- An unknown number of migrants in the EU are caught in a legal limbo, denied basic rights in some member states and unable to return to their home countries.
- Parlementair Documentatie Centrum
Some attempt to go home but are apprehended at the borders and sent back to the member state where they are made homeless because they do not legally exist on paper.
“My life is catastrophic,” 29-year old Hagop, who arrived in Belgium with his mother and sister from Turkey as a small child, told this website by phone.
An ethnic Armenian, Hagop, who does not want to reveal his last name, says Turkey refuses to recognise his existence. Belgium does not recognise him either. Caught between the two, he says he’s been denied higher education, has no right to work, no right to residence in Belgium, and cannot return to Turkey despite attempts.
“They give me no chance, no chance, no chance … no chance,” he said. Hagop’s story is not unique. Pro-rights groups often describe EU migrant policy-making in terms of “fortress Europe,” where the idea is to keep irregular migrants from making it into the EU.
The same could be said for those seeking to leave. As people are caught in legal and administrative webs that are unable to issue them any documents, a subgroup of migrants known as the “unreturnables” has emerged over the years.
The legal complexities and diverging approaches by national authorities vary widely across member states. Some fall under a “tolerated stay” category, which means the official postponement of the return or removal order gives them the permission to stay pending their return with some additional rights.
Others get the same orders but no rights, while others get no orders and no rights. In the UK, such people can be detained indefinitely, while others are sent to war zones despite the inherent risks. Jacob, a 34-year-old Somalian national, was released four weeks ago from the Harmondsworth detention centre, a facility run by the American private security firm Geo Group.
He had spent over two years at Harmondsworth where he said he witnessed people attempt to take their own lives. “They took my liberty for two years and two months. I still don’t understand why they detained me for that long,” he told EUobserver in a phone interview.
Jacob’s ordeal had started long before when he arrived as an undocumented migrant in 1994. With no papers, he was trapped in the UK because of Somalia’s warring factions. But in April 2008, he agreed to return to Mogadishu after having spent 10 months at the UK Colnbrook immigration removal centre.
He was told his travel safety to Mogadishu would be guaranteed, but the two G4S security guards who had escorted him from the UK allegedly abandoned him in Nairobi. “As soon as we get off the plane, they said ‘We are not coming with you.’ They said they would be kidnapped or shot at. I said: ‘How about me, how about my safety?’,” he recalls.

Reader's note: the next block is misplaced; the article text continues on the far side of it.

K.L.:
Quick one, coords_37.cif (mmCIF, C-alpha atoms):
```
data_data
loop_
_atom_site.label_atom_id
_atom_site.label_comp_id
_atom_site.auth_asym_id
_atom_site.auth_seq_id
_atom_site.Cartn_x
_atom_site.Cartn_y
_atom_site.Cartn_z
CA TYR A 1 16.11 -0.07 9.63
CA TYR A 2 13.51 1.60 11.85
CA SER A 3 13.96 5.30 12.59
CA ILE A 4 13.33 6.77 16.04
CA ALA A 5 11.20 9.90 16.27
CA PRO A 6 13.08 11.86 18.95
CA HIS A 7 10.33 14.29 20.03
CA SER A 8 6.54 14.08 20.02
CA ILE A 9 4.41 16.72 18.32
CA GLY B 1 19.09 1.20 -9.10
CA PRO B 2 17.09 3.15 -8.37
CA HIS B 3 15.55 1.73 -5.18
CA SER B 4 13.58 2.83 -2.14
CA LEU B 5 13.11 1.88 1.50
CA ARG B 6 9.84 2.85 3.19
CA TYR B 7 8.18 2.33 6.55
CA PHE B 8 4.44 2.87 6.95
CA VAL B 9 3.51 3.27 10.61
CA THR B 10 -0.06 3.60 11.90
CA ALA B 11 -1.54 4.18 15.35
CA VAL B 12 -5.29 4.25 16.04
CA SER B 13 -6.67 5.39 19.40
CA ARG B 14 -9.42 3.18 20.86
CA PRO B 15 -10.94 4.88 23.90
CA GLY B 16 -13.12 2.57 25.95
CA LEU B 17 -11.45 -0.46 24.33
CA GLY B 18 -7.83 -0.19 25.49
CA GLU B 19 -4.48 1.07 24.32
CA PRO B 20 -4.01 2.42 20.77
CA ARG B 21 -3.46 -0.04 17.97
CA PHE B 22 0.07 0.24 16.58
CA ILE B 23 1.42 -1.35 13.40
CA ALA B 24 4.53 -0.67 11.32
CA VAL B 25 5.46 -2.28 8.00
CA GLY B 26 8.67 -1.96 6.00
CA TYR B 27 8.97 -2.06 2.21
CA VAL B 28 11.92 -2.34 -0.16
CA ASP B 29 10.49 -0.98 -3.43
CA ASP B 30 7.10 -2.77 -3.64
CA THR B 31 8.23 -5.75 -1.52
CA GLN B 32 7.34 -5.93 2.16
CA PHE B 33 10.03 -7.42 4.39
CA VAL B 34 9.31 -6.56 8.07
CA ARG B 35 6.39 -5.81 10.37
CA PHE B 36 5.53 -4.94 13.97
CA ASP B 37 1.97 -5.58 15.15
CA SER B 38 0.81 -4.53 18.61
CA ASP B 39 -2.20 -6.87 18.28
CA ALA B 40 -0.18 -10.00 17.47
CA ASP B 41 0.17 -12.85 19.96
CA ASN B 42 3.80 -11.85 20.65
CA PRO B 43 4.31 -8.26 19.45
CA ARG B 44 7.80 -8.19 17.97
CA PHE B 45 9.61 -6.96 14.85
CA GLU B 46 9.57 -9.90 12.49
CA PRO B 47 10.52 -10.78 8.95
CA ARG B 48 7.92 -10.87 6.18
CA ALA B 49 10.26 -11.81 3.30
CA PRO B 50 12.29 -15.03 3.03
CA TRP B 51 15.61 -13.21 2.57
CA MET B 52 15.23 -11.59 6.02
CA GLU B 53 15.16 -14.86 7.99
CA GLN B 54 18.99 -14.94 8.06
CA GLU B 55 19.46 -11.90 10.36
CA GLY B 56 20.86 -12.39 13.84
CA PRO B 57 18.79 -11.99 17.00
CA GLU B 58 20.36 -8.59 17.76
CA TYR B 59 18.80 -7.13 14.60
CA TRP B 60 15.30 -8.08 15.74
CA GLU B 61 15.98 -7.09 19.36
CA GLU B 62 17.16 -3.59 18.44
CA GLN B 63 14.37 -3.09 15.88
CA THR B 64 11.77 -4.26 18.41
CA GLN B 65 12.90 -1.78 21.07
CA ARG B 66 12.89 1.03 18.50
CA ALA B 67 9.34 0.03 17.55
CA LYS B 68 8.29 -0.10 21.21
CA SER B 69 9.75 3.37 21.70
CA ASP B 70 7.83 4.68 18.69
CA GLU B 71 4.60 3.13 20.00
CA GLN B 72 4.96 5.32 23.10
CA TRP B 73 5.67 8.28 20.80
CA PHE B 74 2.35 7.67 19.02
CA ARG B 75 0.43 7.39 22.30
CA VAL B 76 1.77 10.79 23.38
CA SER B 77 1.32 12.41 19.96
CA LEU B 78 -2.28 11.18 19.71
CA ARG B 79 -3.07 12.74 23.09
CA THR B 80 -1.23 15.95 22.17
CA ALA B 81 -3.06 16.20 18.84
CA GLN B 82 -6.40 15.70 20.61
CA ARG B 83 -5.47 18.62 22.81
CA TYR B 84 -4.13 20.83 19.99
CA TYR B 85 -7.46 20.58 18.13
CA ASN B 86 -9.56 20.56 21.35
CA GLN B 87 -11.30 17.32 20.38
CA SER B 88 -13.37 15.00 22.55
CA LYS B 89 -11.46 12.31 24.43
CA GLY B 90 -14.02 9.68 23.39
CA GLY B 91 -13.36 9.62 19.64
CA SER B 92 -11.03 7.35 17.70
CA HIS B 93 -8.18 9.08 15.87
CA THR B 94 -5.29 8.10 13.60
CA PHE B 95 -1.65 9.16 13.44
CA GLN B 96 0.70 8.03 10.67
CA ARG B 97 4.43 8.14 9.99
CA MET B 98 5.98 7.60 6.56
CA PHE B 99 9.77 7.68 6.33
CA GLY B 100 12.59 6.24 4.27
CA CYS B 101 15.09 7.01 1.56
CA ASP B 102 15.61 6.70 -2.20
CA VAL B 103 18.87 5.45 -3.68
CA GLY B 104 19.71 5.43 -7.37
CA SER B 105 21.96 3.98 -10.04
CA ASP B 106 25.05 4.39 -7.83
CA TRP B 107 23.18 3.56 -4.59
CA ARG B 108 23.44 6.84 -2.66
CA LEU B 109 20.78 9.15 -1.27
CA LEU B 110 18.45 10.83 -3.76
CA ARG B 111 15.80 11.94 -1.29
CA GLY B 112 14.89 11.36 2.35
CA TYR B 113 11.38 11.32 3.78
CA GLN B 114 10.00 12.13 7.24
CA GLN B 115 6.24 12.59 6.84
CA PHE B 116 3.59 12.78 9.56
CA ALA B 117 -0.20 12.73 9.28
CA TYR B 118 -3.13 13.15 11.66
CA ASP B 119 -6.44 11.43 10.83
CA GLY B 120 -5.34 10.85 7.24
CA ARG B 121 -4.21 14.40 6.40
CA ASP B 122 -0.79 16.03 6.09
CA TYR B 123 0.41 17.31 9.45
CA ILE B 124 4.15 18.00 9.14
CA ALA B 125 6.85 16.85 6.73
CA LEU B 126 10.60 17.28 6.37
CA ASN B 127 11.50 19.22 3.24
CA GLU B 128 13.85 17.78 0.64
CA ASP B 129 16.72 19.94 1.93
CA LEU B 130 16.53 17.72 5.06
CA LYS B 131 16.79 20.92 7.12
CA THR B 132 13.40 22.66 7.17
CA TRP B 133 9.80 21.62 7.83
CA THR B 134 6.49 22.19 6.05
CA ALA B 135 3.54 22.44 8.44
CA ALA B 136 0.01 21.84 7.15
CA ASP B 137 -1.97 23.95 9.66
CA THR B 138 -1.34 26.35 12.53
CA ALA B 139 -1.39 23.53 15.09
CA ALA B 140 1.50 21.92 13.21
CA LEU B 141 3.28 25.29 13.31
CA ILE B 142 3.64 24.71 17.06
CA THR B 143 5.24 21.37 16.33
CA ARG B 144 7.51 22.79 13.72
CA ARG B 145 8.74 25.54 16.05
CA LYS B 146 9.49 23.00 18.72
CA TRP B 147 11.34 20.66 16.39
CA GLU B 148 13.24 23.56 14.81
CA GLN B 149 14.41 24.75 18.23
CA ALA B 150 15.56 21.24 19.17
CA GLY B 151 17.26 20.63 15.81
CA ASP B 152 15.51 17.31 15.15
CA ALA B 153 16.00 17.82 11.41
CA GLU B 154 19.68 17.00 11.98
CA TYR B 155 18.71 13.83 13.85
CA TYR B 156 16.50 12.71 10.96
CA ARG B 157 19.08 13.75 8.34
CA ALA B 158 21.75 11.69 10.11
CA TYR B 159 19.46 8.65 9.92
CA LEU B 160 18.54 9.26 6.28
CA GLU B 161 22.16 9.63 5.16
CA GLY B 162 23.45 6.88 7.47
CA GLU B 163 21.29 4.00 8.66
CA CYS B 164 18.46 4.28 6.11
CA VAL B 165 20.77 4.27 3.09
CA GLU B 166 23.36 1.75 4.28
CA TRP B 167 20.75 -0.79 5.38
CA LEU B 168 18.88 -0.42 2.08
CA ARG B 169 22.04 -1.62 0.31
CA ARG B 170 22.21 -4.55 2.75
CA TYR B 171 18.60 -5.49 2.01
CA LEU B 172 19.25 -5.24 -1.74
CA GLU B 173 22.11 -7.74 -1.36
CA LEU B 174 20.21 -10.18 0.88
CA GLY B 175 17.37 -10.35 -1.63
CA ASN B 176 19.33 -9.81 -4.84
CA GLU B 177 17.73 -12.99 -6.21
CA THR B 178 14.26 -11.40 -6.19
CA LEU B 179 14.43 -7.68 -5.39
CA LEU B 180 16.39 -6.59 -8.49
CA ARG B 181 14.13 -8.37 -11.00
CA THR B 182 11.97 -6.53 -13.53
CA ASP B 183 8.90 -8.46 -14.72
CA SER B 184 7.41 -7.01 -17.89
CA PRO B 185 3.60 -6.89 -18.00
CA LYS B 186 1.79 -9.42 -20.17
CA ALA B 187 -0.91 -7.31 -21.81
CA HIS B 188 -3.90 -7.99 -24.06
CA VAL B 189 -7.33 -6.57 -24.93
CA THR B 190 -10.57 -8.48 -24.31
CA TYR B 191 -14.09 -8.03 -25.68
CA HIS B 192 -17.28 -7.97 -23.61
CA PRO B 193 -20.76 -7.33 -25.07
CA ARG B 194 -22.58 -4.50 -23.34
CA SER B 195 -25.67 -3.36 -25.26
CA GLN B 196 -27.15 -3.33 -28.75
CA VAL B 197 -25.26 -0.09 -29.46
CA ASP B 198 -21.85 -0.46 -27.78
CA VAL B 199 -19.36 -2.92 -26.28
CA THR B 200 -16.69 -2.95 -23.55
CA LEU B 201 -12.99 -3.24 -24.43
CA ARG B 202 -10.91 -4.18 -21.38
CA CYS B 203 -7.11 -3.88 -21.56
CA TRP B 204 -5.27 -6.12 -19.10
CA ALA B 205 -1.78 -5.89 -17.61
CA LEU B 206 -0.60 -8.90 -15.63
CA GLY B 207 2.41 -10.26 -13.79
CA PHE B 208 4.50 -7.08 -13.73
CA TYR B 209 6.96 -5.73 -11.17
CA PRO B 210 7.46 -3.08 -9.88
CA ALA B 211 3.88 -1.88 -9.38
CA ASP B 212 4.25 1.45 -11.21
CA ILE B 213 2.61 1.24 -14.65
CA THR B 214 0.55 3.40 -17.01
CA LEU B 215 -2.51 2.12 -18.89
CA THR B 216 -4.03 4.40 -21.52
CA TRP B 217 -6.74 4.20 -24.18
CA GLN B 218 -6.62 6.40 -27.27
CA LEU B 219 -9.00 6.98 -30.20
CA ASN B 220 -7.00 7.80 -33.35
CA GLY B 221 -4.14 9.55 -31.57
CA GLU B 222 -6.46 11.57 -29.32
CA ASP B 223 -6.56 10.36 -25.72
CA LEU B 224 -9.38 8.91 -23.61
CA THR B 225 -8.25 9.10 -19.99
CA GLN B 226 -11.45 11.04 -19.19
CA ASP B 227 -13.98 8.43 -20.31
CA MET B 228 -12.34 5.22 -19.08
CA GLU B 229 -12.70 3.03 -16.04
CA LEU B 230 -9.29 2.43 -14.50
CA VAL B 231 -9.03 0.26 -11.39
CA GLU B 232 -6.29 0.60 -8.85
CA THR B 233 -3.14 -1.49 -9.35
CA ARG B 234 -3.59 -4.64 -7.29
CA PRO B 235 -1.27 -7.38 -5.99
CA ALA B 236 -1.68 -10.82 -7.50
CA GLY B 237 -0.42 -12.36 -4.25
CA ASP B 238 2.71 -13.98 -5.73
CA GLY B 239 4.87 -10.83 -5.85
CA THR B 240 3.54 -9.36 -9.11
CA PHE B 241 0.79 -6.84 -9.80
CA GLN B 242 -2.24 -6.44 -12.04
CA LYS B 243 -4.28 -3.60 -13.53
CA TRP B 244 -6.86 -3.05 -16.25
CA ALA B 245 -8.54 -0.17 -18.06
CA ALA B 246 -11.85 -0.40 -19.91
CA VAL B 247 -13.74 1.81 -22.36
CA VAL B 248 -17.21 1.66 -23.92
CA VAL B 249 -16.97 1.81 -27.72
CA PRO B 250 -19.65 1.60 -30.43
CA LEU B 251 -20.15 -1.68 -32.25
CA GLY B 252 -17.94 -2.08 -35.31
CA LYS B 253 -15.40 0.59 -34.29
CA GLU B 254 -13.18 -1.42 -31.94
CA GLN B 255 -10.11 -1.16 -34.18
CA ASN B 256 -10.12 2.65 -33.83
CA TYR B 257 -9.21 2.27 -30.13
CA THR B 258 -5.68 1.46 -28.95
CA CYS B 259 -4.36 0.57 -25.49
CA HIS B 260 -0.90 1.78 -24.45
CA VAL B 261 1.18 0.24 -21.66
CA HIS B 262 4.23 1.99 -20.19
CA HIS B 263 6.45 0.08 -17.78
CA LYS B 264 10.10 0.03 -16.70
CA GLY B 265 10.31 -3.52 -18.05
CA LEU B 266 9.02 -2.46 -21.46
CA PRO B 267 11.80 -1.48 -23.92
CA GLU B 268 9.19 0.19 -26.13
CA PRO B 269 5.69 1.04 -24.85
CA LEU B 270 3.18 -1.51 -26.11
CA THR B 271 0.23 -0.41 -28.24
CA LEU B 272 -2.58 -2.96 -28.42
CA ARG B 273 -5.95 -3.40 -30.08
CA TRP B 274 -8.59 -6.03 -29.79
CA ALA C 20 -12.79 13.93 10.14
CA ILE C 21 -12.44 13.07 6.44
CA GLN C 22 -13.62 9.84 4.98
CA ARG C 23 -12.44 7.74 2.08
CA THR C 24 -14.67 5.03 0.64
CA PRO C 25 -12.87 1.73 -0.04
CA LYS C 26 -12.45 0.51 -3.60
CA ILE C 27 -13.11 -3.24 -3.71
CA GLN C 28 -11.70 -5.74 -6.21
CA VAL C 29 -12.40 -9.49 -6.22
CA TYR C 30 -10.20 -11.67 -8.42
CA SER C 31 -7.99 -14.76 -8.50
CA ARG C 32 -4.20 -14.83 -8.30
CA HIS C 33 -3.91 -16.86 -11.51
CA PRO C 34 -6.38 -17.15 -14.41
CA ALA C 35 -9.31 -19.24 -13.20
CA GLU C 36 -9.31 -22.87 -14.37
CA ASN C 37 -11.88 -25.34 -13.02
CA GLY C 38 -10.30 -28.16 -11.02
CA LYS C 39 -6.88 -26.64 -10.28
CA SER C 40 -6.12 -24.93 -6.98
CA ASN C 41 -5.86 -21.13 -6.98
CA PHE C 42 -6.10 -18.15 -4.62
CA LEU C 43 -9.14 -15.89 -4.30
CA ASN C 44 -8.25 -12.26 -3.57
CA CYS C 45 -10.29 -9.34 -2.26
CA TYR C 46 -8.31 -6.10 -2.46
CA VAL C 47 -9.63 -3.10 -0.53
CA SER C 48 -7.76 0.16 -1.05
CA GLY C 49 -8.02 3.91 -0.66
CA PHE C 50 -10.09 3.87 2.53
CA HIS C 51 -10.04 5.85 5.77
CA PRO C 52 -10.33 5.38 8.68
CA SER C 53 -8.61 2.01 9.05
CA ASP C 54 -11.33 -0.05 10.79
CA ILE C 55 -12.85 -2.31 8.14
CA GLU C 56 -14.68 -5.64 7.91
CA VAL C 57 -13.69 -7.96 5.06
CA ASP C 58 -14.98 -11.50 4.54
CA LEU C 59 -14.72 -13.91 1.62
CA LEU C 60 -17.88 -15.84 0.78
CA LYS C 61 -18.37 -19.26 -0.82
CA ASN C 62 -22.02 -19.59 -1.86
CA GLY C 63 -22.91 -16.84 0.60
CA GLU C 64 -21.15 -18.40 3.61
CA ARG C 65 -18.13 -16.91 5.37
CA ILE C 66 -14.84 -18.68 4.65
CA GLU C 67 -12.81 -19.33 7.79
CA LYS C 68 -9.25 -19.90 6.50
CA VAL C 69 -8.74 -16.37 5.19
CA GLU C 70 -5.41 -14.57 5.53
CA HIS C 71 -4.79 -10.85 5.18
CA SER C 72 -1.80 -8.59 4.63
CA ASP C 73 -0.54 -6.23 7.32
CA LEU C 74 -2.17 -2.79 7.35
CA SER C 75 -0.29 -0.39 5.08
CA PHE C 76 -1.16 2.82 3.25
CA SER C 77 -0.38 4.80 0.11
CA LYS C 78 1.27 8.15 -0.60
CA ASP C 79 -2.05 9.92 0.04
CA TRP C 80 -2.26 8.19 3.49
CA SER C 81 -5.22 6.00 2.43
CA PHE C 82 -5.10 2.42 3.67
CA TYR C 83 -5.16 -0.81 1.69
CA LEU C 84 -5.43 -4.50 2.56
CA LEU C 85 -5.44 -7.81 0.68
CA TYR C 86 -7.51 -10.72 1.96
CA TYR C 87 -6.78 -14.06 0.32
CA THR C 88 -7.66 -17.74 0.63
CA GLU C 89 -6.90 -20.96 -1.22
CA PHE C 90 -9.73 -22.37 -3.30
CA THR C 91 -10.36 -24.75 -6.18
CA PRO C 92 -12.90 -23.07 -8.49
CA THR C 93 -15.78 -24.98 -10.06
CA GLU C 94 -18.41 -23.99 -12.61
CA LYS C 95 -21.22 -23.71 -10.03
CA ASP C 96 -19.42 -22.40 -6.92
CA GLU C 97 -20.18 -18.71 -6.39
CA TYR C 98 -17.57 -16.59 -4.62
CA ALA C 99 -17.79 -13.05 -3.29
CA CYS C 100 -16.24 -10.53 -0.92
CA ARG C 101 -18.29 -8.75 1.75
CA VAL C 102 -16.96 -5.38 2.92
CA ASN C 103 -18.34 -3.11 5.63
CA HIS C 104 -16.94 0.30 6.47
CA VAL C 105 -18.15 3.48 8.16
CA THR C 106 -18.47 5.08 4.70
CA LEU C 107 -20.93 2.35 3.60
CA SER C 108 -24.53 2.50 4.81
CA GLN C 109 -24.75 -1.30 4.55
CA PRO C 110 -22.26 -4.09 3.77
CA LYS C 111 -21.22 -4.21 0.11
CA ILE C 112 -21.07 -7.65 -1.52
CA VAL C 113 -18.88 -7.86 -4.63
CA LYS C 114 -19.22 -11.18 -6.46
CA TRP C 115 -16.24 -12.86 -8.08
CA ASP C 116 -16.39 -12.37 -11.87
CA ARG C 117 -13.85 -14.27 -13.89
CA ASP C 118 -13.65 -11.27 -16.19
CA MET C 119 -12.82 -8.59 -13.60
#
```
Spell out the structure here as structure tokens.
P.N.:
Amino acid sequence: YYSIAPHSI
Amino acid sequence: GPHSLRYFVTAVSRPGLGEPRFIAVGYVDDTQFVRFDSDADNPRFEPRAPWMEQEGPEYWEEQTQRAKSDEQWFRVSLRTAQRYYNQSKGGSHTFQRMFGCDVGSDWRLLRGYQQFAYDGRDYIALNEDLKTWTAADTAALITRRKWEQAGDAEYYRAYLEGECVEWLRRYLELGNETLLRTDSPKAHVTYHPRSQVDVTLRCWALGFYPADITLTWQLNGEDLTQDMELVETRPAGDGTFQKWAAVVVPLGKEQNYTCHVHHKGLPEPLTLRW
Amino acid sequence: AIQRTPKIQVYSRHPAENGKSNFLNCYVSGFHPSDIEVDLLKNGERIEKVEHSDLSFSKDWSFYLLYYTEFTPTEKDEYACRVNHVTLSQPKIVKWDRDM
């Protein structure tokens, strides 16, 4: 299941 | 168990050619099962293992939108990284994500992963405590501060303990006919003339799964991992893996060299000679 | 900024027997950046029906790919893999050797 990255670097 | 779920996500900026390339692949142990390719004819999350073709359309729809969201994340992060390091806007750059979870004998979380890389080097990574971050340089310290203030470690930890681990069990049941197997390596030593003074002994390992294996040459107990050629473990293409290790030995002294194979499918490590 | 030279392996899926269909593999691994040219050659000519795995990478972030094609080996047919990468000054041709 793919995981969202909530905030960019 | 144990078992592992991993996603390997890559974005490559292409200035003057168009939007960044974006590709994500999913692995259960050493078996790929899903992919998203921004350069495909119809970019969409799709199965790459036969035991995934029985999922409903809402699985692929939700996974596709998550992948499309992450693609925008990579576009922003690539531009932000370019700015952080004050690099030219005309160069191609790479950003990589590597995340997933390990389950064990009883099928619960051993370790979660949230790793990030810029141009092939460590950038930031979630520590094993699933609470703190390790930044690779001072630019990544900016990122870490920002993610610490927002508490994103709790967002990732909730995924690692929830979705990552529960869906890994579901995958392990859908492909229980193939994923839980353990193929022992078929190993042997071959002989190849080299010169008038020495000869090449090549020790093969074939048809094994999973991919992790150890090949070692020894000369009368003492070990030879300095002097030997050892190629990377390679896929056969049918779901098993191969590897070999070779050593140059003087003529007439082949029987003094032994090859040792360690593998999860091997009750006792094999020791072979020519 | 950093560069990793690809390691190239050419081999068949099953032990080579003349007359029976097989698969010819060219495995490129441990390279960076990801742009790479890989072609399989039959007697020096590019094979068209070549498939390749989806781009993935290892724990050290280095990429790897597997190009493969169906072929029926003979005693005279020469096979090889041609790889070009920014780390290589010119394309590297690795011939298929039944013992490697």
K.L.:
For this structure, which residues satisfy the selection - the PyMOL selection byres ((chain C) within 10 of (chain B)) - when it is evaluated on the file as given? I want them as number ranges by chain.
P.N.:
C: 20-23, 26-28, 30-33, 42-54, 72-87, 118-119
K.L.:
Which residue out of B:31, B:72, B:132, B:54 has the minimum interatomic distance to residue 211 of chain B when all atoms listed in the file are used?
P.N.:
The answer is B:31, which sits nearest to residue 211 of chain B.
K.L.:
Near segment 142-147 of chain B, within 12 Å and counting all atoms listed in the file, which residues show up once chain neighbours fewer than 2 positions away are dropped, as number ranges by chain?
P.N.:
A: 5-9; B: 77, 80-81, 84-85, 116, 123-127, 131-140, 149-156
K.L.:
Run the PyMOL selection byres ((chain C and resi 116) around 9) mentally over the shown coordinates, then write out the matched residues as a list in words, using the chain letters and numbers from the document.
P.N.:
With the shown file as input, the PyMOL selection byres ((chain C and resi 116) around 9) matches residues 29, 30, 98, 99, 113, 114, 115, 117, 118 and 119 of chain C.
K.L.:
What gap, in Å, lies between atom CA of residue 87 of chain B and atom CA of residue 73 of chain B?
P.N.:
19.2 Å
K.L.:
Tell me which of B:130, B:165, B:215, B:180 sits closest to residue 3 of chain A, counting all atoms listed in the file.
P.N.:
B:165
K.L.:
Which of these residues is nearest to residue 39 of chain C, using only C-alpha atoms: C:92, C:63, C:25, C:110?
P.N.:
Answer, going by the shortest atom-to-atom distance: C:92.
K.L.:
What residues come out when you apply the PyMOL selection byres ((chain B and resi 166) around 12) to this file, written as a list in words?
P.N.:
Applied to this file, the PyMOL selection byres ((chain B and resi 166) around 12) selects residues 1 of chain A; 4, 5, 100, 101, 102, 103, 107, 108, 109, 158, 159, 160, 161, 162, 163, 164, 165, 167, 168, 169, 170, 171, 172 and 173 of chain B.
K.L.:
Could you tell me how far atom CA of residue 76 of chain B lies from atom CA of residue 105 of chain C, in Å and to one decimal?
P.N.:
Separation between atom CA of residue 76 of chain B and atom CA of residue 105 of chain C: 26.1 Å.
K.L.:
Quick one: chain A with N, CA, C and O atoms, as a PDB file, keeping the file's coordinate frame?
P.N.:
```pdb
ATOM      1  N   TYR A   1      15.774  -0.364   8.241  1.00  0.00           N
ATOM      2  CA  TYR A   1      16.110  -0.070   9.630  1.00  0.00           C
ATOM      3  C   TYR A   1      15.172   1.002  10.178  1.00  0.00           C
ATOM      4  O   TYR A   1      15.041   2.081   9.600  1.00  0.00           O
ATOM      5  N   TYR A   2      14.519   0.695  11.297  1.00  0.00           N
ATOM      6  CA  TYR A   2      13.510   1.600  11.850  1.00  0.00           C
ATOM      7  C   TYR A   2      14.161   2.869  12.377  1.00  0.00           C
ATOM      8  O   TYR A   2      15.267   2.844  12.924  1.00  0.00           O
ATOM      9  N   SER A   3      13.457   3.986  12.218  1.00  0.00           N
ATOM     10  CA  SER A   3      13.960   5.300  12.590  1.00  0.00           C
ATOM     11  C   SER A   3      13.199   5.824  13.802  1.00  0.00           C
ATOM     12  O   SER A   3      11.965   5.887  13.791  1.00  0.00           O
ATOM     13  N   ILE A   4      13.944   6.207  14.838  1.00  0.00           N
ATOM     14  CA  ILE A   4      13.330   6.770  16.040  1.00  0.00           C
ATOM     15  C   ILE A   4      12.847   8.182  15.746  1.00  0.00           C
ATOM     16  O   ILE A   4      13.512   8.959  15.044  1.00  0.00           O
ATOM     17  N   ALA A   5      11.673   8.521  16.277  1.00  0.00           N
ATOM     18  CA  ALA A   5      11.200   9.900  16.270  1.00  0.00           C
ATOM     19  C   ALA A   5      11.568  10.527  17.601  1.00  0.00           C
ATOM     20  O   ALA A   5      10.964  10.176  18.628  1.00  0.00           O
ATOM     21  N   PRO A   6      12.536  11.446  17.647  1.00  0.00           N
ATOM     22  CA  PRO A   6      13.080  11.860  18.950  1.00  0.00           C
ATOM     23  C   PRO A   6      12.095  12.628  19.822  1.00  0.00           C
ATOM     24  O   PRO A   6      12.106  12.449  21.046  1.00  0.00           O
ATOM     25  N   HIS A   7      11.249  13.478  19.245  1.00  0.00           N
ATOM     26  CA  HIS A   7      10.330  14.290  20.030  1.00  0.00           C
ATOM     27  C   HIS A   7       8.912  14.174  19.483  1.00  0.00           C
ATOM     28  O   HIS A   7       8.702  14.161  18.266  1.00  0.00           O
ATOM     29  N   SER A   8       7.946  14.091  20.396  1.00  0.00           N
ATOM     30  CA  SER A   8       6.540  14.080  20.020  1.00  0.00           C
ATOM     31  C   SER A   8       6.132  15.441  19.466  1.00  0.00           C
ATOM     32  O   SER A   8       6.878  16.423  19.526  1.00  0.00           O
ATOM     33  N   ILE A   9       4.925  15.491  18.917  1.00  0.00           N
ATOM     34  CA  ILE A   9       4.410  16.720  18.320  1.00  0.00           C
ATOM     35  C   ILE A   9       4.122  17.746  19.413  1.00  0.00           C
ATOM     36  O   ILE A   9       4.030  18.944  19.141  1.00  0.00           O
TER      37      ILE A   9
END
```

He was taken to a small plane by Kenyan immigration and robbed soon after arriving at Mogadishu’s coastal airport. “I couldn’t argue with them because I was thinking maybe I was going to get shot,” he said of the two thieves. Spotted wondering dazed about the airport by African Union soldiers, he was told to re-board the same plane and return to Nairobi. But the flight took him to Berbera, the de facto capital of Somiland where he was kidnapped.
His abductors wrapped his head in a bed sheet and forced him onto a bus. He later managed to escape and eventually made it back to Nairobi, where the UK high commissioner, having heard his ordeal, bought him a ticket to London Heathrow airport.
Three years later, he found himself once again in a detention centre. He is now taking the UK to court for unlawful detention. Jerome Phelps at the UK-based Detention Action, an NGO working for migrant rights, says many people like Jacob cannot be deported because they cannot get travel documents due to dangers and legal barriers.
“There is this commitment to detain people for as long as it takes in order to deport them – especially ex-offenders – because of political pressure on the issue,” he said. Dozens more similar testimonies were collected in a report published earlier this week by rights groups from the UK, Hungary, Belgium, France, and the Brussels-based European Council on Refugees and Exiles.
The 102-page report notes unreturnable migrants should not be detained if they cannot be returned. It recommends granting them temporary permits so they can work and access basic rights, like healthcare. The EU, for its part, lacks any legal framework that defines and deals with unreturnable migrants.
The European commission says persons with unclear citizenship or identity and who are not asylum applicants fall under national legislation dealing with residence permits. “This area is not harmonised at EU level,” said a commission spokesperson.